With the successful landing, India also became the first country to land near Moon’s south pole
The Lander Module (LM) of the Indian Space Research Organisation’s (ISRO) third lunar mission Chandrayaan-3, launched on July 14, made a successfully landed on the Moon’s surface on August 23, making India only the fourth country after the erstwhile USSR, the U.S. and China to make a soft landing on the lunar surface.
With the successful landing, India also became the first country to land near the Moon’s south pole.
Chandrayaan-3 was launched on 14 July 2023, at 2:35 pm IST as scheduled, from Satish Dhawan Space Centre Second Launch Pad in Sriharikota, Andhra Pradesh, India. The spacecraft entered lunar orbit on 5 August 2023. It is anticipated that the Chandrayaan-3 mission will achieve a soft landing on the lunar South Pole region on 23 August.
Choosing the month of July for the launch of Chandrayaan 3 was a special move because of a calculation made by ISRO regarding the closeness of Earth and Moon.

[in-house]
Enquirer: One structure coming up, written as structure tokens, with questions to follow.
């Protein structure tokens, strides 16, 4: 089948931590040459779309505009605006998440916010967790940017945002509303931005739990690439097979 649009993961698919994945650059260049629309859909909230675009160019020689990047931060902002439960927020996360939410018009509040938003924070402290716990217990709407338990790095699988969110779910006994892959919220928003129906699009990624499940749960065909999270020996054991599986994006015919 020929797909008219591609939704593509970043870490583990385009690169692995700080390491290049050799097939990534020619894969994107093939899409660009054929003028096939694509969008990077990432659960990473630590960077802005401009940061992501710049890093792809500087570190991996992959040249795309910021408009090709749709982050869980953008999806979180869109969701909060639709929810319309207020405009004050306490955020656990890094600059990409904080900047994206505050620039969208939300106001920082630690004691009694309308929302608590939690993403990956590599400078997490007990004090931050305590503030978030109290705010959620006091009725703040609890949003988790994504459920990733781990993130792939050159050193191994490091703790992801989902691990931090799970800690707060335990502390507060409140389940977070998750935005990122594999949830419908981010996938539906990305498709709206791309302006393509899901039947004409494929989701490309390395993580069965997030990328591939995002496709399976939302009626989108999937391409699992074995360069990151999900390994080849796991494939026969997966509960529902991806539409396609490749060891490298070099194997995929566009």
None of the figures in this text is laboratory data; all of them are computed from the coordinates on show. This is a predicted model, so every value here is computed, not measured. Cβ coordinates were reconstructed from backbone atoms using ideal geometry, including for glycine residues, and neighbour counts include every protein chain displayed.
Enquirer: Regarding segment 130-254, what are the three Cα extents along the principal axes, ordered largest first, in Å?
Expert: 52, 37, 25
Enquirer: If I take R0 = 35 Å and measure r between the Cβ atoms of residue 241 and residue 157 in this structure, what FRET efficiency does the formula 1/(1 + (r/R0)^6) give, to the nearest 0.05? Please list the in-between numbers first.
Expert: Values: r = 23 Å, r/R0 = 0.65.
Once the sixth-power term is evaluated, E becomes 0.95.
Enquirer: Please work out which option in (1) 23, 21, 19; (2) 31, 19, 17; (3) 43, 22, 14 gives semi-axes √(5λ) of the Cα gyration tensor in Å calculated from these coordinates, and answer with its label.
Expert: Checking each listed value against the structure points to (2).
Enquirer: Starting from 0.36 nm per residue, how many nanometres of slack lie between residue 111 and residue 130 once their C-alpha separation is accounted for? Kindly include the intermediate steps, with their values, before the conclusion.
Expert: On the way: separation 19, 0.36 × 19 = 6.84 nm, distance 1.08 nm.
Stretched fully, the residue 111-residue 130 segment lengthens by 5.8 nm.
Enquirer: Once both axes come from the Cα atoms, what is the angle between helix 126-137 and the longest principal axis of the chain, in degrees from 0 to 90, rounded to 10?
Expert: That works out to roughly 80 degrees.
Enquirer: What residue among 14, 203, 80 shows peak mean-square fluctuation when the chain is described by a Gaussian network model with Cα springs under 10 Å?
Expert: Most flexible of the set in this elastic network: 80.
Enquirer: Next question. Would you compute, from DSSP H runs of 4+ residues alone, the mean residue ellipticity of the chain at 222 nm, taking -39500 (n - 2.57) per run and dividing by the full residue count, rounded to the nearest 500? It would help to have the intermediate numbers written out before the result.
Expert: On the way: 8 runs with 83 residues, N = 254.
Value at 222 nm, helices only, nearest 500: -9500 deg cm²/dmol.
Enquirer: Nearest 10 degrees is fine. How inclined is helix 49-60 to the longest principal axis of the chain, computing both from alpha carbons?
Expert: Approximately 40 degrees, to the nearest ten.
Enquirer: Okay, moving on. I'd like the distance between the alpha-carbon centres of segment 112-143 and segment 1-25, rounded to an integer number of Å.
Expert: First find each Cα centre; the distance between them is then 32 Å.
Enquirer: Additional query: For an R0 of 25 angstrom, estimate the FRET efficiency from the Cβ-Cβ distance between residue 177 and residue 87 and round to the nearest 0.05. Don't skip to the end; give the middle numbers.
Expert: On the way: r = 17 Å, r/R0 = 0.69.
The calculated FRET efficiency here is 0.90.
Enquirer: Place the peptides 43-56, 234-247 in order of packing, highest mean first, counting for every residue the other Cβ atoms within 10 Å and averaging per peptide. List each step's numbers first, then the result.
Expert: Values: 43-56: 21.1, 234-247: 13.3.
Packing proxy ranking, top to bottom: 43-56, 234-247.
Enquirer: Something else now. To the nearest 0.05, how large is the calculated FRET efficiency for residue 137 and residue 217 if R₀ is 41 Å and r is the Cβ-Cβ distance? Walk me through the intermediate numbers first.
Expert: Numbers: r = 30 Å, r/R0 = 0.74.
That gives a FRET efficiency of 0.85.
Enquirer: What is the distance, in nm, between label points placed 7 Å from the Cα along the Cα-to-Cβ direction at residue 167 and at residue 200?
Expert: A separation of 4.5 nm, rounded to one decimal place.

On August 5, the Indian Space Research Organisation achieved a Lunar-Orbit Insertion (LOI), successfully placing the Chandrayaan-3 spacecraft into orbit around the Moon. The LOI operation was carried out from the ISRO Telemetry, Tracking, and Command Network (ISTRAC) located in Bengaluru.
After a series of Lunar Bound Maneuvers, on August 17, the Vikram lander separated from the propulsion module, to begin its last phase of mission to land on the lunar surface.
Chandrayaan-3 is the third Moon mission by India’s space agency ISRO. The goal is to place a lander and rover on the lunar surface and operate them for roughly one lunar day, or 14 Earth days. The small rover, which weighs just 26 kilograms (57 pounds), flew to the Moon inside the lander. Both vehicles are equipped with science instruments to study the surface.
Chandrayaan-3 completed a soft landing in the Moon’s south polar region on August 23, 2023.